In the News: Battle Lines Drawn on a Student Loan Alternative

June 13, 2019

By: Andrew Kreighbaum

Inside Higher Ed

Senator Elizabeth Warren and other congressional Democrats delivered a warning on Tuesday about the potential dangers of income-share agreements, an alternative form of college financing increasingly popular with some critics of student loans. The lawmakers’ primary target was the Trump administration — which has expressed interest in experimenting with the agreements — but the shot across the bow also aimed at colleges operating their own ISA plans.

Income-share agreements offer students financial support up front and in exchange require them to repay a portion of their income for a set number of years. They first caught on at coding boot camps and similar programs that don’t receive federal student aid. But a handful of four-year colleges have begun offering their own ISA plans and, last month, the Trump administration said it planned to pursue a federal experiment to offer income-share agreements to students.

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https://www.insidehighered.com/news/2019/06/05/democrats-take-aim-student-loan-alternative-and-colleges-offer-income-share

 

In The News: At HBCUs, crushing student loan debt is a symptom of even bigger problems

June 11, 2019

By Dartunorro Clark

MSNBC News

When Michael Sorrell became president of Paul Quinn College 12 years ago, he assessed the dire situation his school was in and made a bold choice: No more football.

“I mean, we’re in Texas. We’re an HBCU in Texas,” Sorrell said. “I got a little flak for that, OK?”

But to him, eliminating the program was the only way the historically black college in Dallas, which was founded in 1872 by a group of preachers from the African Methodist Episcopal Church to educate freed slaves and their children, could get back on track.

Football had cost the school roughly $600,000 to $1 million a year, he said, and scholarships went mainly to the players. Meanwhile, other students struggled, faculty and staff members were leaving, and buildings had fallen into disrepair.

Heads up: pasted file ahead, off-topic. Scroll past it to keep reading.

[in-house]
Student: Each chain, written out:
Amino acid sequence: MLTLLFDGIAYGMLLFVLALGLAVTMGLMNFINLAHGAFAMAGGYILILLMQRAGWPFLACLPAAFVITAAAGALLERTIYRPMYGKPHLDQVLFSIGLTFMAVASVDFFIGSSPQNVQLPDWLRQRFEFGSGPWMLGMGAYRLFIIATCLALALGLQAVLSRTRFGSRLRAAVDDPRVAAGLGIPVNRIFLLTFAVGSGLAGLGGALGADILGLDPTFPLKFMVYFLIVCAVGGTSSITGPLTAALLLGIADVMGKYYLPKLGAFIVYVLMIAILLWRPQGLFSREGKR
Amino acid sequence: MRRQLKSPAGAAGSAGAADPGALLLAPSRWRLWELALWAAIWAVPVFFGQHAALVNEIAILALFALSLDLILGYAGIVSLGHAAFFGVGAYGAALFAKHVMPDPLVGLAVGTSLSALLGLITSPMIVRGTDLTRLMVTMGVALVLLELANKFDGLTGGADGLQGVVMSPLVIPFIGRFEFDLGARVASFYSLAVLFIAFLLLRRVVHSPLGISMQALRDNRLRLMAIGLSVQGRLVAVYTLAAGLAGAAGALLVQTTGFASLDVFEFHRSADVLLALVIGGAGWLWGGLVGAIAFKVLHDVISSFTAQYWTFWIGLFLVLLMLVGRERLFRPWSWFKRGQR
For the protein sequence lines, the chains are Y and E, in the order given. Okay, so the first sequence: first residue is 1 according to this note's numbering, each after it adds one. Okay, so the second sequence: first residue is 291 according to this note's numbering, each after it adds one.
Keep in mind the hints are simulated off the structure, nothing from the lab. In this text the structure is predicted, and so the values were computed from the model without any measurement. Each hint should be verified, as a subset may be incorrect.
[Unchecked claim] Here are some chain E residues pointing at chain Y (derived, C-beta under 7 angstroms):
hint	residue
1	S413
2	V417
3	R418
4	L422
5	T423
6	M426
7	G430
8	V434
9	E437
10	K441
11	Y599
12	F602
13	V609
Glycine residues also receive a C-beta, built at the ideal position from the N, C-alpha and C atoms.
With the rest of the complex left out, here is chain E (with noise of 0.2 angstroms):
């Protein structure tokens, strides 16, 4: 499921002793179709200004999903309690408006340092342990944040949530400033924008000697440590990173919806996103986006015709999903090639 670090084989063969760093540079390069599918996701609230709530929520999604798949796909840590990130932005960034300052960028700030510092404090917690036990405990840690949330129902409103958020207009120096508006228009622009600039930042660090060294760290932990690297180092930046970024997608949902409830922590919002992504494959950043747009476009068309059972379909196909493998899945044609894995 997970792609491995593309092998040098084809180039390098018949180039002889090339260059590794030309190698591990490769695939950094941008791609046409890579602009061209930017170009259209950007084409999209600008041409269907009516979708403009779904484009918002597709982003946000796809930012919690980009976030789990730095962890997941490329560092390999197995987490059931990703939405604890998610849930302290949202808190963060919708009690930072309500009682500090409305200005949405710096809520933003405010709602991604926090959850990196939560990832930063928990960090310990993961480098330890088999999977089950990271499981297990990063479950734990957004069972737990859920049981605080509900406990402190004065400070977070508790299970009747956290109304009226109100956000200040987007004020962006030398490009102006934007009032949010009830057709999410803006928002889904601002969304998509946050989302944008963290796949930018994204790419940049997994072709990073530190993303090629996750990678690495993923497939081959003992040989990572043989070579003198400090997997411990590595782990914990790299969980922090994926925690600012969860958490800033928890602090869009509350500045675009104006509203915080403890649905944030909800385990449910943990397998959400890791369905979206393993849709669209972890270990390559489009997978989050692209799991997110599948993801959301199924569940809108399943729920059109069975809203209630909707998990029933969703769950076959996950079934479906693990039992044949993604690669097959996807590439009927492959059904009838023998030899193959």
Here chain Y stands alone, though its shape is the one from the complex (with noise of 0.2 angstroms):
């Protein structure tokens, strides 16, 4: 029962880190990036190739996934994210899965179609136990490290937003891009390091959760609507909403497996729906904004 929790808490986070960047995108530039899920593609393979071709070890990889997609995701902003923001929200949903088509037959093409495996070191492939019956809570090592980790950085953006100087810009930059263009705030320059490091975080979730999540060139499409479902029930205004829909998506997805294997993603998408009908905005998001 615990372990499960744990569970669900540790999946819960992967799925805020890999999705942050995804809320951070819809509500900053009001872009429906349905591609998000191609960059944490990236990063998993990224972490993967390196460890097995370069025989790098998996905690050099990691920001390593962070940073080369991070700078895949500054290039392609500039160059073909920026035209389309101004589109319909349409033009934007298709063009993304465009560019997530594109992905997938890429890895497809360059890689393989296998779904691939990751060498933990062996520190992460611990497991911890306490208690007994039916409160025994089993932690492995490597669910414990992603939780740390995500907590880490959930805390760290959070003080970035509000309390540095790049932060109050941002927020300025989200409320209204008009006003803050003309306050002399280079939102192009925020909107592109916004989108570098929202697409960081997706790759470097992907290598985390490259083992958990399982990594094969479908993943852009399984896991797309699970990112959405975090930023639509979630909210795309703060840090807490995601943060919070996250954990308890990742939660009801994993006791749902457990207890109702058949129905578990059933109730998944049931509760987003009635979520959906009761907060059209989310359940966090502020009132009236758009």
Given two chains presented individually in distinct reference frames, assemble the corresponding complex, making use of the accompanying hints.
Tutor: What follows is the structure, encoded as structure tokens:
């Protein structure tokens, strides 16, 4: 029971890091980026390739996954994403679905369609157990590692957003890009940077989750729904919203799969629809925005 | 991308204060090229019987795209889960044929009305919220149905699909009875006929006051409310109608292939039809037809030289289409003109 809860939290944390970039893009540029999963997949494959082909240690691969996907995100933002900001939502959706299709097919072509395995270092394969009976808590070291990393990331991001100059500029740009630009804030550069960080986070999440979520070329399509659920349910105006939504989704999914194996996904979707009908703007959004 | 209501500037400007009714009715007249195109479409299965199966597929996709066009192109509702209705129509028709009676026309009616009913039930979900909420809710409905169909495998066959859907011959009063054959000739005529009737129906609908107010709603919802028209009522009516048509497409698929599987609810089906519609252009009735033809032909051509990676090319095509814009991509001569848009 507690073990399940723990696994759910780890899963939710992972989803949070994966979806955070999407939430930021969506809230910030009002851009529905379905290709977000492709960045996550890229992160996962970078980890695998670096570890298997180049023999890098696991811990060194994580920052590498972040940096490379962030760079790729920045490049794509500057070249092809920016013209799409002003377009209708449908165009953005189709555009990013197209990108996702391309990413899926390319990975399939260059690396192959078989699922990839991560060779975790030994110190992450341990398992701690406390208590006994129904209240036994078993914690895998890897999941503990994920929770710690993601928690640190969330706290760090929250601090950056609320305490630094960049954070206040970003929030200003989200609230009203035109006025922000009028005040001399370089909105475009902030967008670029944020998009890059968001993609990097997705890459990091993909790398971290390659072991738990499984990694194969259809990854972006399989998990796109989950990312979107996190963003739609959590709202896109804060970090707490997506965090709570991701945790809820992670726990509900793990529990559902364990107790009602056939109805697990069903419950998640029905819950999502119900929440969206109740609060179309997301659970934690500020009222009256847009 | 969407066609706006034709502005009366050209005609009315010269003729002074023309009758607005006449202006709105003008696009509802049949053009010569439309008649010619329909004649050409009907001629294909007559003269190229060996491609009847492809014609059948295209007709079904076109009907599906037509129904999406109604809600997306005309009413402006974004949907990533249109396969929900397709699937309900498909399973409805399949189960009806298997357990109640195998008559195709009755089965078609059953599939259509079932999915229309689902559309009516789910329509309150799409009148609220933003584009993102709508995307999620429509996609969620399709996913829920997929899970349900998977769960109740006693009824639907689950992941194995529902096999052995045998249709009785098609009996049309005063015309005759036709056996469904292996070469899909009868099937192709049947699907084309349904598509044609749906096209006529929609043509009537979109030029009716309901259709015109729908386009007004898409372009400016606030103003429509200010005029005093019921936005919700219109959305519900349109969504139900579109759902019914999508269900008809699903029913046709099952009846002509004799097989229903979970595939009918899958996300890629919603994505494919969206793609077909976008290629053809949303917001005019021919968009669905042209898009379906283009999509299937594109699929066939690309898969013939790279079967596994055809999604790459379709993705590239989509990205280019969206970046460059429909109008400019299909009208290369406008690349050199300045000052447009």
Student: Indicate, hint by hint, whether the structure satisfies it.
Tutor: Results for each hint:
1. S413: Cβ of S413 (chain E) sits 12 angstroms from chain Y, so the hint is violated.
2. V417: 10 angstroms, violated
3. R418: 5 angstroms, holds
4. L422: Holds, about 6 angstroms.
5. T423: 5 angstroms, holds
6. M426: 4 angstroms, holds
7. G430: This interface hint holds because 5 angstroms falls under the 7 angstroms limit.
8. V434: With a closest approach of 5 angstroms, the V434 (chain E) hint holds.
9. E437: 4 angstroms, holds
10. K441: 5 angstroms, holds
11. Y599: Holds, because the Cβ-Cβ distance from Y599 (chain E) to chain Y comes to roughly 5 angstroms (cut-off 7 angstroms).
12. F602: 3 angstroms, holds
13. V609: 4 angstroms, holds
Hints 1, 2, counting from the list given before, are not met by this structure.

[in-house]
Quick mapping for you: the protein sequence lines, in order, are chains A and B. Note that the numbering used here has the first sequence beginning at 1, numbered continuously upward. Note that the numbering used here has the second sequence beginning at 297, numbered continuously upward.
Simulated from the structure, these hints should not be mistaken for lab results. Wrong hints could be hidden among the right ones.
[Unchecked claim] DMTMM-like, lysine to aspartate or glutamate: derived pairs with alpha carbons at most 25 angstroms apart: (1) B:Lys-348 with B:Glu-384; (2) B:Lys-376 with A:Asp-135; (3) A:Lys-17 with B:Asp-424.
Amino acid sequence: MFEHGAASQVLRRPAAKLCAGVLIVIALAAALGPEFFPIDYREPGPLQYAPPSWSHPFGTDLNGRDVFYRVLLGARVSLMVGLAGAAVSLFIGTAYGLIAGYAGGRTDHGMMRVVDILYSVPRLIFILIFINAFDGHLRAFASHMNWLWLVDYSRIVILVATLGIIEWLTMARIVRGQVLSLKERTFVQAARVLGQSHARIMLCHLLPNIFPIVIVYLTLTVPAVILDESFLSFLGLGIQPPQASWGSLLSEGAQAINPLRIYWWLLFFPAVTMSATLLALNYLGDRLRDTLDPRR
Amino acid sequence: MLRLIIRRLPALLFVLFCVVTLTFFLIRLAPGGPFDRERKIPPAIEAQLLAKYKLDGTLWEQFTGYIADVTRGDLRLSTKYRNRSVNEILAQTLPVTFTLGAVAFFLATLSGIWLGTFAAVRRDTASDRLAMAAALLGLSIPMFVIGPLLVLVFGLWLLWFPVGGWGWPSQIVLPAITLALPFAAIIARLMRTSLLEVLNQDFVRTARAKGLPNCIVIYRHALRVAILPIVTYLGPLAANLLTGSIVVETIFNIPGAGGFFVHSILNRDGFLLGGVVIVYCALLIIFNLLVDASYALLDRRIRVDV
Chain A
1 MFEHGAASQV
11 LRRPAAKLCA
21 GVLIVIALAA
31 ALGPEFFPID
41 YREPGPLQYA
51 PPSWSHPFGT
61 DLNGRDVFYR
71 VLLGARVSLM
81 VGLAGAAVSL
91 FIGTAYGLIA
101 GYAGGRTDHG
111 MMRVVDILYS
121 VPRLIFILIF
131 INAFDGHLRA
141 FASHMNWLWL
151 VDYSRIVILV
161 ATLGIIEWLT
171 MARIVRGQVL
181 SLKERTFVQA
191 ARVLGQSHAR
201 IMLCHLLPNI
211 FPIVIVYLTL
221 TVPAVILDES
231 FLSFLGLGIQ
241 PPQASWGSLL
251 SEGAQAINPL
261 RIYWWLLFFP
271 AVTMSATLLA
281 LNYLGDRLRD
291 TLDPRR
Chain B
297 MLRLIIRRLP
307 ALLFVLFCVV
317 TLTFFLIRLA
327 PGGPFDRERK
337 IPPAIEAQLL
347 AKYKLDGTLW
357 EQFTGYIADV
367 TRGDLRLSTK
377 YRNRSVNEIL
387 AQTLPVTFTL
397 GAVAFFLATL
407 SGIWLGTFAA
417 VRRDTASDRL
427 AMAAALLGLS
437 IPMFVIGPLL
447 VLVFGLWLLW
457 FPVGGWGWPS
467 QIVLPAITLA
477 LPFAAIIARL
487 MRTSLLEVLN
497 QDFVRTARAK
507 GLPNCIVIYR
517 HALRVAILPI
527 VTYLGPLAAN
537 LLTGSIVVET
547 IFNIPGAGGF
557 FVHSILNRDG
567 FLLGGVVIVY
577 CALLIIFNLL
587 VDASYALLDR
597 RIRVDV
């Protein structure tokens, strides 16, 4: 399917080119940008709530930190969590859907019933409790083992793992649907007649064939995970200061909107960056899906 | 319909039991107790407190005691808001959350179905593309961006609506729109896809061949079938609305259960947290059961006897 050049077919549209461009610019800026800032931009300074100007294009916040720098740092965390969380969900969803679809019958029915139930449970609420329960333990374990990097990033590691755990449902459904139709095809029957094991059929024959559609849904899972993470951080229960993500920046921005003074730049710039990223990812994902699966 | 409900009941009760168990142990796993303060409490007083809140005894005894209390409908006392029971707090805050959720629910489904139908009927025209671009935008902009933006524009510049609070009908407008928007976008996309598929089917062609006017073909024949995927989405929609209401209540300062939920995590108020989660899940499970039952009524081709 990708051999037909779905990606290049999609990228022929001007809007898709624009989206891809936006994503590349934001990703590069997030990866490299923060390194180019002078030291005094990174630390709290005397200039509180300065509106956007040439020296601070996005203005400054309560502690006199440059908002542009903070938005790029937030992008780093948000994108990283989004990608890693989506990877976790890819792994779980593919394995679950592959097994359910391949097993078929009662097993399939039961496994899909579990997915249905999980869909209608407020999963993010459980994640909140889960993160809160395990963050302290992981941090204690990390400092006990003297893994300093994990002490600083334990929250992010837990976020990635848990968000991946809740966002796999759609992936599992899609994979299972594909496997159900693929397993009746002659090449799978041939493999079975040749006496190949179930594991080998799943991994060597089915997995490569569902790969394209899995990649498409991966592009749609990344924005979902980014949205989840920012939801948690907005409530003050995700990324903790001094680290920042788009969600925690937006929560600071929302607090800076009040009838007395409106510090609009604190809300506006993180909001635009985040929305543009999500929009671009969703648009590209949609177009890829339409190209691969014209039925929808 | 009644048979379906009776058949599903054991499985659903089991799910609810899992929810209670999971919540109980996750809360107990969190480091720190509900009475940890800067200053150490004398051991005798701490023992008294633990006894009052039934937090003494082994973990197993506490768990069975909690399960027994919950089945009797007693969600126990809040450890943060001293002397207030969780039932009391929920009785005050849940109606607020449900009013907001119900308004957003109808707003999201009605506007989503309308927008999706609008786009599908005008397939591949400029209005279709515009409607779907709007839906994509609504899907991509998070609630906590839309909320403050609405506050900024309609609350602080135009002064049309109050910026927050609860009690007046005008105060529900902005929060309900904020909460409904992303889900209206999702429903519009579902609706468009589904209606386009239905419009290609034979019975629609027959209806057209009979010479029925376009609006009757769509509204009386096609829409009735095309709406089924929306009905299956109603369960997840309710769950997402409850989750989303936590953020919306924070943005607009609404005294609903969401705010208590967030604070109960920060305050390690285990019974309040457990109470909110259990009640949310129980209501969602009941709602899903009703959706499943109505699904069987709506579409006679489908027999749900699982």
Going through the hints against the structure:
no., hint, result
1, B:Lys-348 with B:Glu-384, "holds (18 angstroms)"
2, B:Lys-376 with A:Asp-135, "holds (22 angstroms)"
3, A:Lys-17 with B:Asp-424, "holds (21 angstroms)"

“We were roughly 18 months to 24 months away from closing. We had financial problems. We had academic problems. We had morale problems, and it was the prototypical scenario for an institution that had been struggling for a long time and the end of the road was coming,” he told NBC News in a phone interview.

The challenges Paul Quinn College faced are not unique, experts said, even if its solution was one of a kind.

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https://www.nbcnews.com/politics/politics-news/hbcus-crushing-student-loan-debt-symptom-even-bigger-problems-n1014171

 

In the News: Education company Chegg is helping pay down its employees’ student loan debt. ‘They are creating value for us’

June 7, 2019

— CNBC’s Annie Nova contributed to this report.

https://www.cnbc.com/amp/2019/06/06/chegg-is-helping-pay-down-its-employees-student-loan-debt.html

Chegg has a new plan to help its employees deal with their student loans.

And its CEO wants other companies to follow Chegg’s lead.

The student-connected learning platform announced a new program Thursday that will give its entry- through manager-level workers up to $5,000 a year, if they have been with the company at least two years. Director- or vice president-level employees can get up to $3,000 annually to help pay down their student loan debt.